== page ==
By: Chelsea Perry
To donate blood, follow the link on the Canadian Blood Services website to set up your appointment, or stop in to the clinic at 85 Fitzroy Street. (The Guardian)
I was sitting peacefully at my desk last week when my boss purposefully entered the room on his bi-monthly blood donation recruitment.
â€œChelsea!â€ he exclaimed, rocking the back of my desk chair. â€œAre ya going to give blood with me today?â€
My boss is a community leader, and someone for whom I have a lot of respect. Heâ€™s just a genuinely good guy. I am convinced he could ask me to donate one of my kidneys and Iâ€™d at least strongly consider it.
Blood donation was something Iâ€™ve tried in the past, but being a woman of many tattoos, the timing was never right and I got sent home. Fortunately for me, the mandatory wait time between tattoos and blood donation was reduced to three months.
So I said yes.
While I was waiting around, I messaged a few friends to ask them if theyâ€™d donated, and if so, what their experience had been like.
â€œI passed out.â€
â€œI threw up.â€
I got to the clinic around 3pm, and being a first time donor, I had to register. Make a note to bring photo ID with you when you donate, as itâ€™s required.
As well, it is recommended that you drink lots of water and eat a salty snack before donation. I didnâ€™t do either, but alas. You should.
After you register, youâ€™re going to get directed to a booth where you will fill out a questionnaire to determine if youâ€™re eligible to give blood.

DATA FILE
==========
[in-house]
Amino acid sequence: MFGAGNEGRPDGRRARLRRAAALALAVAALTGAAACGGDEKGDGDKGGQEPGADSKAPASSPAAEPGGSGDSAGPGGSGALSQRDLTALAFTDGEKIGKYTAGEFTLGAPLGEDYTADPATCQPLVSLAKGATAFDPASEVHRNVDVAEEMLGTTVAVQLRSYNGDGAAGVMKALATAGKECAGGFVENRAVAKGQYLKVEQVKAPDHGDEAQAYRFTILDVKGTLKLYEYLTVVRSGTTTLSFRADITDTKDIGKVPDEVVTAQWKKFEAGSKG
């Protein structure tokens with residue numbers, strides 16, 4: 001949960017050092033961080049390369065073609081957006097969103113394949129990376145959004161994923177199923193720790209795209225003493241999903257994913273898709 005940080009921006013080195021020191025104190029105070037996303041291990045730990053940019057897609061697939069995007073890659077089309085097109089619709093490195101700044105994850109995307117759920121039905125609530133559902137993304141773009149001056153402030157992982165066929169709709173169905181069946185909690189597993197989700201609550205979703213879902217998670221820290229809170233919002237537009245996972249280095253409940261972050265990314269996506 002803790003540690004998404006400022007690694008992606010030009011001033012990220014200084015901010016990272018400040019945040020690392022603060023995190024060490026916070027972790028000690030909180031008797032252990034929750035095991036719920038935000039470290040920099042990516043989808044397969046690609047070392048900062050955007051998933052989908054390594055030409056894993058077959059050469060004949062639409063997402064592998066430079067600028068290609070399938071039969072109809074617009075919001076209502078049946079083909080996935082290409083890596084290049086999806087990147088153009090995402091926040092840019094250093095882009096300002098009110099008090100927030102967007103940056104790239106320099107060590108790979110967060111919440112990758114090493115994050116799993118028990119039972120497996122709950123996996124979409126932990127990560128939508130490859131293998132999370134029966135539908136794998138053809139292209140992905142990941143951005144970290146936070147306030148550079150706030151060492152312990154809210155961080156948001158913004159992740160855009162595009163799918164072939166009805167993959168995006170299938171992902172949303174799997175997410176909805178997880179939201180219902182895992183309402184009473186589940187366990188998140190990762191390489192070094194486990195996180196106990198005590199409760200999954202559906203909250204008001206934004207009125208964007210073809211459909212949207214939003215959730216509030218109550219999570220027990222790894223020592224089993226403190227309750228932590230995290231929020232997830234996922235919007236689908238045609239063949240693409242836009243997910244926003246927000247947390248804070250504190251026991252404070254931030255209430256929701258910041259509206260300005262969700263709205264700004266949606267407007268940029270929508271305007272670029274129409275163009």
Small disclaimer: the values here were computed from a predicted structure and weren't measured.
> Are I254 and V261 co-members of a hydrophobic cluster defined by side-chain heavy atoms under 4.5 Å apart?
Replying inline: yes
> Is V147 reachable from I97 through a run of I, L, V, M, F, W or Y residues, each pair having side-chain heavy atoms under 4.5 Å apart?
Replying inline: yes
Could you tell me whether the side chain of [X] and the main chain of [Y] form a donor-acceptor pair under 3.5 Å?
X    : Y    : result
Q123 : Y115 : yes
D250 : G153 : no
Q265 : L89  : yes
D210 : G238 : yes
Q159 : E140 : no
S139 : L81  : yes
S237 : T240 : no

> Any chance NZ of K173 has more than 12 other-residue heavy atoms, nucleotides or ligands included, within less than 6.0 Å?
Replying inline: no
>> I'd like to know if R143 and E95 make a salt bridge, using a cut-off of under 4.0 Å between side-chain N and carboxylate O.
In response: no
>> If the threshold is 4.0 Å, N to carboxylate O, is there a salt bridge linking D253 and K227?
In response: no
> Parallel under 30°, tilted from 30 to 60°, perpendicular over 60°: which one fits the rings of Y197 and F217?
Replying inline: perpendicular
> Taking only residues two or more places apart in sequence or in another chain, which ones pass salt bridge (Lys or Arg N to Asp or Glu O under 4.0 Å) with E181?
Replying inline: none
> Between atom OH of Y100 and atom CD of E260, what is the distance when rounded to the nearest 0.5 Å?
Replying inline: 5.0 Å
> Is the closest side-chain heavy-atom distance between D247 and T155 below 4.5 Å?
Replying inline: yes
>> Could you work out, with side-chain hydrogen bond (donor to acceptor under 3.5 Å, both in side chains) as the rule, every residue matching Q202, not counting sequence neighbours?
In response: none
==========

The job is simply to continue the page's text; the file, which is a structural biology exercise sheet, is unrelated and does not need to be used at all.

There is a lengthy list of restrictions, mostly surrounding travel, drug usage, and health conditions. Not having handled monkey poop or done cocaine in a hot minute, I was clear.
On a more serious note, the current Canadian Blood Services policy prohibits a man who has had sex with another man in the past year from donating blood. Besides being discriminatory, this bars CBS, who regularly experience donor shortages, from a huge pool of healthy, safe donations. Thatâ€™s not the point of this article, but is certainly something to think about.
After I filled out the questionnaire, I got pulled into a back office where a staff member goes over my questionnaire answers with me, and pricks my finger. This is to test my hemoglobin (a protein containing iron) levels. Surprisingly, all was well! (I was an anemic kid.)
Next, they bring you out to the main area where they steal your blood. There was a woman there donating who had to have been at least late 70s – a total badass.
So, the staff worker was setting me up in my chair. Squeezing my arm, and then my other arm, she looked for a nice juicy vein, which I apparently donâ€™t have. But they made do, and inserted the needle in one smooth motion. Maybe Iâ€™ve become immune to needles after being tattooed multiple times, but it really wasnâ€™t bad. At all.
I wanted to get some pictures for this story so I kept my eye on my blood bag, waiting to feel dizzy or nauseous or something.
But nothing happened.
Five minutes and forty-nine seconds later, I was done. Apparently thatâ€™s around the average time. Cheers to mediocrity.
When donating blood, the standard donation is approximately 450 mL, slightly less than half a litre or two cups. This represents a small portion of the blood in a personâ€™s body, as the average adult has about 5 litres.
After making sure you can walk without face-planting, they send you over to the kitchen where you dine on cookies and bread.
Why should you donate?
For certain treatments like chemotherapy, blood is required on a daily basis, whereas victims of accident may require up to 100 units of blood transfusion. Blood donation is literally a life-saver. Each pint of blood you donate can save up to three lives. That sounds like a pretty decent deal for six minutes of discomfort.
How can you donate?
Follow the link on the Canadian Blood Services website to set up your appointment, or stop in to the clinic at 85 Fitzroy Street.